It might be possible to "stitch" weld with your stick welder. Just turn the heat down and make a little spot weld, then move to another area and make another spot weld. Even with a MIG, its probably not possible to run a continuous bead and not have thin material warp.
     
  10. Sandman

    Sandman 3/4 ton status Author

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    I've welded thin stuff with a stick on 220 but it was a real pain. I had it turned down so much that it was hard to strik the arc and then you have to move fast. A mig would work better.
     
  11. Cmoe

    Cmoe 1/2 ton status

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    [ QUOTE ]
    Even with a MIG, its probably not possible to run a continuous bead and not have thin material warp.


    [/ QUOTE ] When doing body work it's a must to "Stitch Weld" if you dont want to open up another can of worms due to all the warping that is going to happen if you just try to run one continues bead.

    You can even warp the metal after you finish when you grind down the welds if you don't allow the metal to cool while you grind sown the welds. The best way is to do a stitch pattern on the grinding too.....

    Hope this helps....
     
  12. bgchvy79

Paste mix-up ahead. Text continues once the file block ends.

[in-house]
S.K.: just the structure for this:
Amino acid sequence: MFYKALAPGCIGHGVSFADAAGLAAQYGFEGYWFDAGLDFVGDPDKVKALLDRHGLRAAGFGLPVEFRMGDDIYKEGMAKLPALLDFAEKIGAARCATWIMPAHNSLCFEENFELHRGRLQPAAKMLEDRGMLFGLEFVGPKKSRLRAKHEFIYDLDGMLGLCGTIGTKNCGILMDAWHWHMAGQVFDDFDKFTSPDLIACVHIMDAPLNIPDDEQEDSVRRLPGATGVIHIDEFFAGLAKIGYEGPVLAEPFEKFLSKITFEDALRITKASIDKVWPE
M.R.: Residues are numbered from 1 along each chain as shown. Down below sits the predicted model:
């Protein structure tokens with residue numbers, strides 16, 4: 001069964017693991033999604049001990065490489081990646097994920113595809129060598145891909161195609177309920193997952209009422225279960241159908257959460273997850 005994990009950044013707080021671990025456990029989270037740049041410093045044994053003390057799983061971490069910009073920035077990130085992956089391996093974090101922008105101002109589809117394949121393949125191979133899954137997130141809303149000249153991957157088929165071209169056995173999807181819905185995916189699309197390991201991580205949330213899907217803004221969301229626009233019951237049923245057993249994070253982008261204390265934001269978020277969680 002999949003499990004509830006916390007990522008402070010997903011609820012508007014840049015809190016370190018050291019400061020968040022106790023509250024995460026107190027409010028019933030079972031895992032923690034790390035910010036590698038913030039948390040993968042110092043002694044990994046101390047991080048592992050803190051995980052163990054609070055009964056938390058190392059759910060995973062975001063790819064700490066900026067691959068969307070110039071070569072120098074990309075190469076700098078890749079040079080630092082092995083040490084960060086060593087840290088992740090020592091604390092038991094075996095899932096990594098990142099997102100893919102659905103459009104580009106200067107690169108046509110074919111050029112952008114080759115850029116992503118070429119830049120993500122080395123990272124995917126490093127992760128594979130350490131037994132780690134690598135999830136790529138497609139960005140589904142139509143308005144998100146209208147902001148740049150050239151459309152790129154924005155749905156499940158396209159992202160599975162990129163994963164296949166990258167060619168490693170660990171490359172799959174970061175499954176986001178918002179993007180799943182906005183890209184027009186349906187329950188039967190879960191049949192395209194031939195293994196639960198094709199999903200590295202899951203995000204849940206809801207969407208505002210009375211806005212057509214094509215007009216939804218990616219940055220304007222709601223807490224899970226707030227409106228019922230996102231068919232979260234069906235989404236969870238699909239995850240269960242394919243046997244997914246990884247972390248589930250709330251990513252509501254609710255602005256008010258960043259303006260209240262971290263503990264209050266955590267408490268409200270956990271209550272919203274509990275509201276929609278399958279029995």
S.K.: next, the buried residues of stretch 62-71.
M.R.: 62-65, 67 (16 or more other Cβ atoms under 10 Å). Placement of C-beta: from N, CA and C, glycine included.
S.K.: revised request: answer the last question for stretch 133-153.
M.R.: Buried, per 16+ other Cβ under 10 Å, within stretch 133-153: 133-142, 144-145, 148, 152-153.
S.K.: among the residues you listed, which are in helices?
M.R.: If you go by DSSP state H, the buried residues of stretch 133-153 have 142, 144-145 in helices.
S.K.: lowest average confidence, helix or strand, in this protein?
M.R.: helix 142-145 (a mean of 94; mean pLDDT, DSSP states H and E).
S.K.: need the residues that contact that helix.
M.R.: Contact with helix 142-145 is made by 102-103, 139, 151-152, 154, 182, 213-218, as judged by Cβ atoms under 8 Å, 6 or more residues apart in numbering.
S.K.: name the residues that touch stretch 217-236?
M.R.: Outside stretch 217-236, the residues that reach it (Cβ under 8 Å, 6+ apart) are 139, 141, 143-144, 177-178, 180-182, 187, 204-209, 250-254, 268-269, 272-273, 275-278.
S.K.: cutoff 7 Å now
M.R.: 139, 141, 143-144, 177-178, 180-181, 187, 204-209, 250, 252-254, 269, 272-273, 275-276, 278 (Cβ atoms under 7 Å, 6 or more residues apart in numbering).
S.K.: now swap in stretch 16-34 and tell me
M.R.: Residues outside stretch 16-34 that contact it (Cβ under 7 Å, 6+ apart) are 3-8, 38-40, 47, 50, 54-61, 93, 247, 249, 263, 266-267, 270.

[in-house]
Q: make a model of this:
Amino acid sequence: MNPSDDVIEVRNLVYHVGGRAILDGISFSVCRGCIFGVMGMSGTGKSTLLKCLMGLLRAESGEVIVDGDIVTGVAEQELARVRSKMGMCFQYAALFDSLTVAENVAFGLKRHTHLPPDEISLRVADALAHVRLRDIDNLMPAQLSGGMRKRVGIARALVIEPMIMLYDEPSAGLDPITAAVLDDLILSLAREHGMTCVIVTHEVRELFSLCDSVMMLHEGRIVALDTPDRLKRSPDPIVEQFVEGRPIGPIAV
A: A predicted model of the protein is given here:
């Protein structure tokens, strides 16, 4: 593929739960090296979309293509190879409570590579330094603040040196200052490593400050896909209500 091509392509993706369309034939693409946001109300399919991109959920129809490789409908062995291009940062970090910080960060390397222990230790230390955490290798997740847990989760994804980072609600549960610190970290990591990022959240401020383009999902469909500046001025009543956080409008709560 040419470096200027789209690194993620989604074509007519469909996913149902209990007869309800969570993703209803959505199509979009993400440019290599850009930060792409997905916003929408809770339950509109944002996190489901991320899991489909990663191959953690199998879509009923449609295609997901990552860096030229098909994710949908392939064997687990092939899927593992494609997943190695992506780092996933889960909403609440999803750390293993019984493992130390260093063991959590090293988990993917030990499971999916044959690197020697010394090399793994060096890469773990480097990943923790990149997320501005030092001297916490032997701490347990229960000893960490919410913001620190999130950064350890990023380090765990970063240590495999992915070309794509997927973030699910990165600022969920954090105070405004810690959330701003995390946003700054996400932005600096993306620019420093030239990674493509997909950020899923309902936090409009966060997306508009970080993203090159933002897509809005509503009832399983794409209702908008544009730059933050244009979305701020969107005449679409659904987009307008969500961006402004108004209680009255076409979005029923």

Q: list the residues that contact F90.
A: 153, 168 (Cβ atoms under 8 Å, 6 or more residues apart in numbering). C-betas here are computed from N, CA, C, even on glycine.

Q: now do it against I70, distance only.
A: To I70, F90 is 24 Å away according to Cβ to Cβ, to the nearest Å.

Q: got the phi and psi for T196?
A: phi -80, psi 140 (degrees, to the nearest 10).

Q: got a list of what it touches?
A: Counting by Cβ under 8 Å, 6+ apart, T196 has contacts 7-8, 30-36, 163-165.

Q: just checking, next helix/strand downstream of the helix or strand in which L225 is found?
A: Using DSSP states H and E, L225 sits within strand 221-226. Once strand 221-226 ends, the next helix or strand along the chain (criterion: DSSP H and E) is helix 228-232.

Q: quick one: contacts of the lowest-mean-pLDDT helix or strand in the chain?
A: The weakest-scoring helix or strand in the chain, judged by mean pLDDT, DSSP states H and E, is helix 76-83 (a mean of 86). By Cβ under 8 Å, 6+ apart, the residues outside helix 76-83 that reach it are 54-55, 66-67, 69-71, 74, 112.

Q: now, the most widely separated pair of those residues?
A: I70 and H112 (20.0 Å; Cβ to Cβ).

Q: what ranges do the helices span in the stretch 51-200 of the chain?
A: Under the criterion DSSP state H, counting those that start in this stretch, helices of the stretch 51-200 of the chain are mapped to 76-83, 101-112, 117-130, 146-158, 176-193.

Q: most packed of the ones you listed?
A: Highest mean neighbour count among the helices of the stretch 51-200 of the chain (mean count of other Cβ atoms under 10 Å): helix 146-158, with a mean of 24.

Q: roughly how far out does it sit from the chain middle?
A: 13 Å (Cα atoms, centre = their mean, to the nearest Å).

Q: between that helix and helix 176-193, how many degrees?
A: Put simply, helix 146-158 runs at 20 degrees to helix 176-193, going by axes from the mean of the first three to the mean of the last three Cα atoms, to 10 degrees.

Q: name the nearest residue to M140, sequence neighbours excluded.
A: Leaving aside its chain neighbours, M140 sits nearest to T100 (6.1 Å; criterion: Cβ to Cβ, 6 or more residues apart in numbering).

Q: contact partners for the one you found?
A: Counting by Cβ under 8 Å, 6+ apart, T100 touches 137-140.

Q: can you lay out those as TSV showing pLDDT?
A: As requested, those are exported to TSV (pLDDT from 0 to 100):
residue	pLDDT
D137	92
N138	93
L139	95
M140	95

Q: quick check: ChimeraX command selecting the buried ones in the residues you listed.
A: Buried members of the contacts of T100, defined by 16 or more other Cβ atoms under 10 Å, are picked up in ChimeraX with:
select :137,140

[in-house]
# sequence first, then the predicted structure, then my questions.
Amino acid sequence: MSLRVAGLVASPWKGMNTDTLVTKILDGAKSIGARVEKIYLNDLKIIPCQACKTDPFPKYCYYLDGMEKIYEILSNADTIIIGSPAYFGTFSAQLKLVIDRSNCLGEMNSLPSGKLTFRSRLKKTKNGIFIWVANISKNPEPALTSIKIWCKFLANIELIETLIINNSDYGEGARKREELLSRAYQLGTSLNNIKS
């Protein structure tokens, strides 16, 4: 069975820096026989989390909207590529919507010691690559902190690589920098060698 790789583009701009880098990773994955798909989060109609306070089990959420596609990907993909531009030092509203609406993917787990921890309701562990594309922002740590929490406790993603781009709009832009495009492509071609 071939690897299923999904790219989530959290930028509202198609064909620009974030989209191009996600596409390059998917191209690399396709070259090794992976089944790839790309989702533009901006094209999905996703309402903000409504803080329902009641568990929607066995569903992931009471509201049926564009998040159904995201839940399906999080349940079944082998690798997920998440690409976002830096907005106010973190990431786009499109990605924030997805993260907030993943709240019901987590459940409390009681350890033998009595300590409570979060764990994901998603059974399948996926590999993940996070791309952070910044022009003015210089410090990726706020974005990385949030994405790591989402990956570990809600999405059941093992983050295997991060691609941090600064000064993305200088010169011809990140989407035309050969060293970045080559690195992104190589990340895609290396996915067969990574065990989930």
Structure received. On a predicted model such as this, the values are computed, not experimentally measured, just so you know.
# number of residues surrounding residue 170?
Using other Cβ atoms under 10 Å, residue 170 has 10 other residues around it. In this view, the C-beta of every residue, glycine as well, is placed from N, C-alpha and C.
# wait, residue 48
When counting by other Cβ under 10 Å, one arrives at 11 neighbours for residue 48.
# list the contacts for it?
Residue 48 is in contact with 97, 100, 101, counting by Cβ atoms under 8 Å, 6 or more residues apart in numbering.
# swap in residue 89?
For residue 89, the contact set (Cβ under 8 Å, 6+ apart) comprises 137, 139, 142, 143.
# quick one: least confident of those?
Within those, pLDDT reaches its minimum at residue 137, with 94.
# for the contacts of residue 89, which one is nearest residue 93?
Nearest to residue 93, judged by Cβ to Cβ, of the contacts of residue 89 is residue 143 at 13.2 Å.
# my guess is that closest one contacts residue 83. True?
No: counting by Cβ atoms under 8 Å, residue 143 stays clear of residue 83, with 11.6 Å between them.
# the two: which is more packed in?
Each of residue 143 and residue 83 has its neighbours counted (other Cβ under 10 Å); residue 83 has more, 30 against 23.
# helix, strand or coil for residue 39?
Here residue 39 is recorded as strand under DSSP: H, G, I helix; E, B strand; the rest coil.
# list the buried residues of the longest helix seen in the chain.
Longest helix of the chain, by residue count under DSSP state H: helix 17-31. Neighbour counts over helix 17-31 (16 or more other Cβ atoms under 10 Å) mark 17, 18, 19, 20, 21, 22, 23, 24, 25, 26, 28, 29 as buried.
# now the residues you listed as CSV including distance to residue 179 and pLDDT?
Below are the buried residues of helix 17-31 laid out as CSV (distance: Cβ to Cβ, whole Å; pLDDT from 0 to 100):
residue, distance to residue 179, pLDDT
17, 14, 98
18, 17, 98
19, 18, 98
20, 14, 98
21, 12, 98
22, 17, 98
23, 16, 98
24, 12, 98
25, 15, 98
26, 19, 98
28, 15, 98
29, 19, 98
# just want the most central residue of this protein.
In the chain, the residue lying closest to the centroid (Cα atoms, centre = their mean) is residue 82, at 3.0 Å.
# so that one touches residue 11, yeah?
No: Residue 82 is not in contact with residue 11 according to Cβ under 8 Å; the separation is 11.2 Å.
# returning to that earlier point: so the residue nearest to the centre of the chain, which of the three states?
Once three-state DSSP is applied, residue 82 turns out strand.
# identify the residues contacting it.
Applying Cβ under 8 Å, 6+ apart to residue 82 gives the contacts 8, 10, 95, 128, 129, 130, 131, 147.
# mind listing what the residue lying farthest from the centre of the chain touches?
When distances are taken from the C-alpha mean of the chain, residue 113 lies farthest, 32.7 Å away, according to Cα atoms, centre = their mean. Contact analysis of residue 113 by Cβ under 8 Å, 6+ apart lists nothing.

bgchvy79 1/2 ton status

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    My welder also has a setting for an ac/dc welding, would that work better? Also, with that setting I can choose between reverse and regular polarity, does anybody know what reverse polarity accomplishes?
     
  13. tRustyK5

    tRustyK5 Big meanie Staff Member Super Moderator GMOTM Winner Author

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    All the advice you could possibly need is already within all the replies so far. Bottom line is that unless you are desperate, have lots of practice material, and are a glutton for punishment, the stick welder is not for you.

    By far the best welder for the job is a mig welder. The best technique is a staggered stitch. Run a series of 3 or 4 tack welds, then move somewhere that isn't hot and do the same there...keep skipping around until all the tack welds are joined. Buff the high spots off lightly and move on to finish body work from there.

    TIG is a nice process, but can also be tedious in oddball positions and can put even more heat into the panels than MIG unless you're a true pro.